While federal efforts to address prescription drug prices are debated, states have continued to pursue their own measures that require drug manufacturers and other entities in the drug supply chain to disclose information about pricing. (See our previous coverage of such state laws here, here and here.) In passing HB 1032, North Dakota became the most recent state to enact a prescription drug price transparency law. In addition, Texas recently passed HB 1033 to update its prescription drug price disclosure law that took effect in 2019. A summary of these new state law developments is included below.
As we initially reported here, Texas enacted a law in June 2019 requiring manufacturers to submit two types of reports beginning in January 2020. First, manufacturers must submit an annual report by January 15 stating the wholesale acquisition cost (WAC) of every approved drug sold in Texas. Second, manufacturers are required to submit a price increase report for a drug within 30 days after a WAC increase of 40% or more over the preceding three calendar years or 15% or more in the preceding calendar year. This report is due only for a drug with a WAC of at least $100 for a 30-day supply before the increase. Under the 2019 law, the price increase report had to contain, among other things, aggregate research and development costs, factors that led to the WAC increase, and the role of each factor’s impact on the cost. The 2019 law did not include any penalties for noncompliance with these reporting requirements.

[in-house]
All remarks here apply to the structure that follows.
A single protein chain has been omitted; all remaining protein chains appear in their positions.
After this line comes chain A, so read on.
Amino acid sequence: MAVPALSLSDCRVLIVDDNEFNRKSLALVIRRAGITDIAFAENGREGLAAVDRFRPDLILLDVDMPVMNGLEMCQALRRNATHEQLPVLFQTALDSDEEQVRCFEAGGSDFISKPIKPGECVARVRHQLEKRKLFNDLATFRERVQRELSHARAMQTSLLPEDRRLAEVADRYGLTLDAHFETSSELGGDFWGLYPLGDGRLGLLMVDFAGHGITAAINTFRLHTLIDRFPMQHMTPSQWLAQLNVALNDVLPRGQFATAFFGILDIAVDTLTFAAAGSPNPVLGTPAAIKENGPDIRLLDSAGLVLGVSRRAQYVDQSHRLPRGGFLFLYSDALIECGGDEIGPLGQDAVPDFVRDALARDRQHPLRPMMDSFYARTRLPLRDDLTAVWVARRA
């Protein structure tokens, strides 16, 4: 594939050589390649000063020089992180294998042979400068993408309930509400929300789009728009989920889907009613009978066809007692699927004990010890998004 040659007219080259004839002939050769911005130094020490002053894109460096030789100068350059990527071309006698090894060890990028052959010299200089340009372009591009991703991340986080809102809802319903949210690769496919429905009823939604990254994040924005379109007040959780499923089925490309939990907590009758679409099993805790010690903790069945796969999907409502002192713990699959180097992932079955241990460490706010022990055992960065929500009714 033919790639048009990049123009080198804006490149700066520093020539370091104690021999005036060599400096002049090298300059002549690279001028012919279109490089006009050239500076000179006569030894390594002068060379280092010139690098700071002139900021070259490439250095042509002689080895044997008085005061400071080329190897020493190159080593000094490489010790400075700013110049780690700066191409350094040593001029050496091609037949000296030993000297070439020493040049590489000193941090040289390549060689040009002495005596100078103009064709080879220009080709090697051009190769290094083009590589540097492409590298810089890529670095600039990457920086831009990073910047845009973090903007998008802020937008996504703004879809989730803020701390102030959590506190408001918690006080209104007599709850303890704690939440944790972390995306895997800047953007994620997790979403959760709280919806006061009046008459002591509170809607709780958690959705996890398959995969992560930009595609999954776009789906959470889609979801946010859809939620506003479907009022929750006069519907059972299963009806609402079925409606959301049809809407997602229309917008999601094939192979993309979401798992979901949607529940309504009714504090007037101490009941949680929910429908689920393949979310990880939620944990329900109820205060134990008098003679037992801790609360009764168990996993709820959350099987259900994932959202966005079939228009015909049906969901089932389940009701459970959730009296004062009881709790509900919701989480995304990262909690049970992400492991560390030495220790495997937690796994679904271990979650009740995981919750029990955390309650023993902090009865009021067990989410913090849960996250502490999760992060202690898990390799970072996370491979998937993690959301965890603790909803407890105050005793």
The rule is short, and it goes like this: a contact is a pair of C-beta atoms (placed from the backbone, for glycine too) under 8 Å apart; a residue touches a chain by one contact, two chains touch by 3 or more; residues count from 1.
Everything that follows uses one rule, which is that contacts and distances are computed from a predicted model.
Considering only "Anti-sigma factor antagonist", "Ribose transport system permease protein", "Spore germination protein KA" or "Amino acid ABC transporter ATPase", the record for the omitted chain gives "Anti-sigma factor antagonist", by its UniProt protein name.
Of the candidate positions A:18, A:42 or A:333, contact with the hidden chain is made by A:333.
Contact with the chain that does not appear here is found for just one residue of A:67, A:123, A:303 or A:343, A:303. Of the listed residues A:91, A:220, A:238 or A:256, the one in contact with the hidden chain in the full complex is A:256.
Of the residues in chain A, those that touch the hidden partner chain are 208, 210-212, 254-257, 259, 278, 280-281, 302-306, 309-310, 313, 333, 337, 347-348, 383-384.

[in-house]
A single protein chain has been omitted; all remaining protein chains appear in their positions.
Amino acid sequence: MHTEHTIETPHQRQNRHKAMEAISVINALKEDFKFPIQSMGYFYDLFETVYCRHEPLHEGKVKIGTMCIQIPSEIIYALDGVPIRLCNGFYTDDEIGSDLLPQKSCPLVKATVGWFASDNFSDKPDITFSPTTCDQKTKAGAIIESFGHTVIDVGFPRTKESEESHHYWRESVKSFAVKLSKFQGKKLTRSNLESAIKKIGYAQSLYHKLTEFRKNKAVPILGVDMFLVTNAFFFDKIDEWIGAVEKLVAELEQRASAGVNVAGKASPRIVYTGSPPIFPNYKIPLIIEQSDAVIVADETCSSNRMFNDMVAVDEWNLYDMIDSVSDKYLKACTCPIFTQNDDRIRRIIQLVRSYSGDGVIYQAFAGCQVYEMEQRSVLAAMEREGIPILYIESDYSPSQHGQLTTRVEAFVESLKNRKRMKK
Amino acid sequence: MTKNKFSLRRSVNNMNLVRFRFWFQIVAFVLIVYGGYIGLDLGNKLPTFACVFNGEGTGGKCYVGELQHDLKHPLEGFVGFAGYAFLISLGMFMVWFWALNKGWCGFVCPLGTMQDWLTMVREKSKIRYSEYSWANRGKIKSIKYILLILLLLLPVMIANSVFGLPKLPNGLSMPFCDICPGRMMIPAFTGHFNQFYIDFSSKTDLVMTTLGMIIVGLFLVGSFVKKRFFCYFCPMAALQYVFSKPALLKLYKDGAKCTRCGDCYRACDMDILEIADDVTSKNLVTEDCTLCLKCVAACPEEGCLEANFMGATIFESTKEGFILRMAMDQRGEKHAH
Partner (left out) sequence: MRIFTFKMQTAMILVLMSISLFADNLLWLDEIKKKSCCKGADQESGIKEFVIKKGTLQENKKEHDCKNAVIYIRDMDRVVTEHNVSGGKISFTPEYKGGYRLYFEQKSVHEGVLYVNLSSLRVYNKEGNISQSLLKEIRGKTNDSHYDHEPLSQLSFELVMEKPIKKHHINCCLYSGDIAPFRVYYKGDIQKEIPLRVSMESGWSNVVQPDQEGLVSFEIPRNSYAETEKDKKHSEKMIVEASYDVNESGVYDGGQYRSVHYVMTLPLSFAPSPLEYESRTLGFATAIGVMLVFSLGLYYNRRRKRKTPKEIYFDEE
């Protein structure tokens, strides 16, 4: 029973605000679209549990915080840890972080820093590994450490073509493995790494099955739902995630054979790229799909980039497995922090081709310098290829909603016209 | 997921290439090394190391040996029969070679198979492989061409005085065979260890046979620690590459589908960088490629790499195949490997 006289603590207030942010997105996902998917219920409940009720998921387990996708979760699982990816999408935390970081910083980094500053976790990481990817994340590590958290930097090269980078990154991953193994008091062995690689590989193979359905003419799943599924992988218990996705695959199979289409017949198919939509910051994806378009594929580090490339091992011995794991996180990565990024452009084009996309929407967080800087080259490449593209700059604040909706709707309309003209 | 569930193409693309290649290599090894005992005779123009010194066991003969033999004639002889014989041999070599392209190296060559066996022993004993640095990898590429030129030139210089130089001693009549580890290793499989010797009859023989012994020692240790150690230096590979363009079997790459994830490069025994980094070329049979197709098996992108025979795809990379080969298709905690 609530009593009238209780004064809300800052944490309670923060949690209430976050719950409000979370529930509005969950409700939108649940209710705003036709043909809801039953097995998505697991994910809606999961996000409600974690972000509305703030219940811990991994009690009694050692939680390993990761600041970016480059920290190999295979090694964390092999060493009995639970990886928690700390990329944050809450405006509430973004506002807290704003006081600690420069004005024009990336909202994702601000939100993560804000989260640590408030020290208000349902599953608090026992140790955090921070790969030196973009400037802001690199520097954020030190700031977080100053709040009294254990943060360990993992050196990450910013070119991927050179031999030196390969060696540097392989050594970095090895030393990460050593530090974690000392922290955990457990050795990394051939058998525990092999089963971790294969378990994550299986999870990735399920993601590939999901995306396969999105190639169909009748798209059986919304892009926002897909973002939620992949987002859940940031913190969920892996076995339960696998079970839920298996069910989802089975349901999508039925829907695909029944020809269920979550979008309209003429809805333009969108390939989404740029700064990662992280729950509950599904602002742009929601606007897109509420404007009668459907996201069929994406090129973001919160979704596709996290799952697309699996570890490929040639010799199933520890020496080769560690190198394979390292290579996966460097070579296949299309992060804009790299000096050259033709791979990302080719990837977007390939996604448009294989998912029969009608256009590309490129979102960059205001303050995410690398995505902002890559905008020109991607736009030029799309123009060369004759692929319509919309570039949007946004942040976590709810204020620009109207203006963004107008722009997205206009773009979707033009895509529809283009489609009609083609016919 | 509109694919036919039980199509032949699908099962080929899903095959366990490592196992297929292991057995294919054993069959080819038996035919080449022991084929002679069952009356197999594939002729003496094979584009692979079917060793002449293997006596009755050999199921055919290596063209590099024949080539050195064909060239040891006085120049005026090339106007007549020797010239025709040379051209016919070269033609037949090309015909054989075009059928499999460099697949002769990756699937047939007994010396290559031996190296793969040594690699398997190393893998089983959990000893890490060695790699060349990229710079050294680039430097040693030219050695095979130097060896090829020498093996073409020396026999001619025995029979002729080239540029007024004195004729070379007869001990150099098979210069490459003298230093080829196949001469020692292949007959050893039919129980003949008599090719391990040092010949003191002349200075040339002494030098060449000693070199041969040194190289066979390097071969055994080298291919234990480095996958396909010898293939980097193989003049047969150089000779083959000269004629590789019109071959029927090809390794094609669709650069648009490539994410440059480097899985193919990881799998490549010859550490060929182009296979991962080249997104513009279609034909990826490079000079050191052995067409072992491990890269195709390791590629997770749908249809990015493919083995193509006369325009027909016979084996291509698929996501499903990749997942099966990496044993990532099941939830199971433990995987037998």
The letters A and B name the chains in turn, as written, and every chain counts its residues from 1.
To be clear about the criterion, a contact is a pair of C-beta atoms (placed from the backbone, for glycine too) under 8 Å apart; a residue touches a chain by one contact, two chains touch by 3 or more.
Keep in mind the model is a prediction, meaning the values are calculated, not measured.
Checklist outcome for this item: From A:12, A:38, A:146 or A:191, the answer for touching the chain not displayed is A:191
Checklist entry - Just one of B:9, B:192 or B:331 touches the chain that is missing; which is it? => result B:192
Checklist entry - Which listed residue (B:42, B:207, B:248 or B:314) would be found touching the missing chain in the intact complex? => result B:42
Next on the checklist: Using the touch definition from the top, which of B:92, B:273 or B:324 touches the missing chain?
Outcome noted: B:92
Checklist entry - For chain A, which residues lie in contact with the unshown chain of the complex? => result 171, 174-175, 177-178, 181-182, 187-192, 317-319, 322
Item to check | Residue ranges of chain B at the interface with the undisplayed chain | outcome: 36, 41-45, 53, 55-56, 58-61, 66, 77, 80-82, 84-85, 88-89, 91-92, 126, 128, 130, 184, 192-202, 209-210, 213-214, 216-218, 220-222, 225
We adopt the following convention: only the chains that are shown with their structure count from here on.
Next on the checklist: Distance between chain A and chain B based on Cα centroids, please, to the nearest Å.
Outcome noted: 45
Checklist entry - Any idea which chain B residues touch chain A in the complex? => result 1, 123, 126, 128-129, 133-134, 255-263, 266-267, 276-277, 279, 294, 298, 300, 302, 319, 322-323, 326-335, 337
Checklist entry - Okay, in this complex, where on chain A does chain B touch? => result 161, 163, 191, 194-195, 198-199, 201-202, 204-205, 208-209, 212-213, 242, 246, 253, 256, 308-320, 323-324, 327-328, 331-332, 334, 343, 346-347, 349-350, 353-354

Texas has now updated its price disclosure law to require that the manufacturer’s annual WAC report include additional information for any drugs that had a reportable price increase during the year. The additional information includes the aggregate, company-level research and development costs, the name of each of the manufacturer’s drugs approved by the FDA in the previous three calendar years, and the name of each drug that lost patent exclusivity in the previous three calendar years. Manufacturers will also now be required to submit a fee not to exceed $400 with their annual report. Manufacturers must still submit a WAC increase report within 30-days of an increase, and must still describe the factors that led to the price increase, but the disclosure of aggregate research and development costs has been removed from the price increase report and added instead to the annual report.
Texas has also added new provisions regarding enforcement of the reporting requirements. If a manufacturer fails to submit a report or fee, or fails to timely submit a report or fee, the manufacturer may be subject to administrative penalties of up to $1,000 per day. The state is supposed to provide manufacturers with written notice of noncompliance and administrative penalties may not be assessed if the manufacturer submits the required report or fee within 45 days after receiving the notice of noncompliance.
These changes take effect on September 1, 2021 and will therefore be applicable to the annual reports due by January 15, 2022.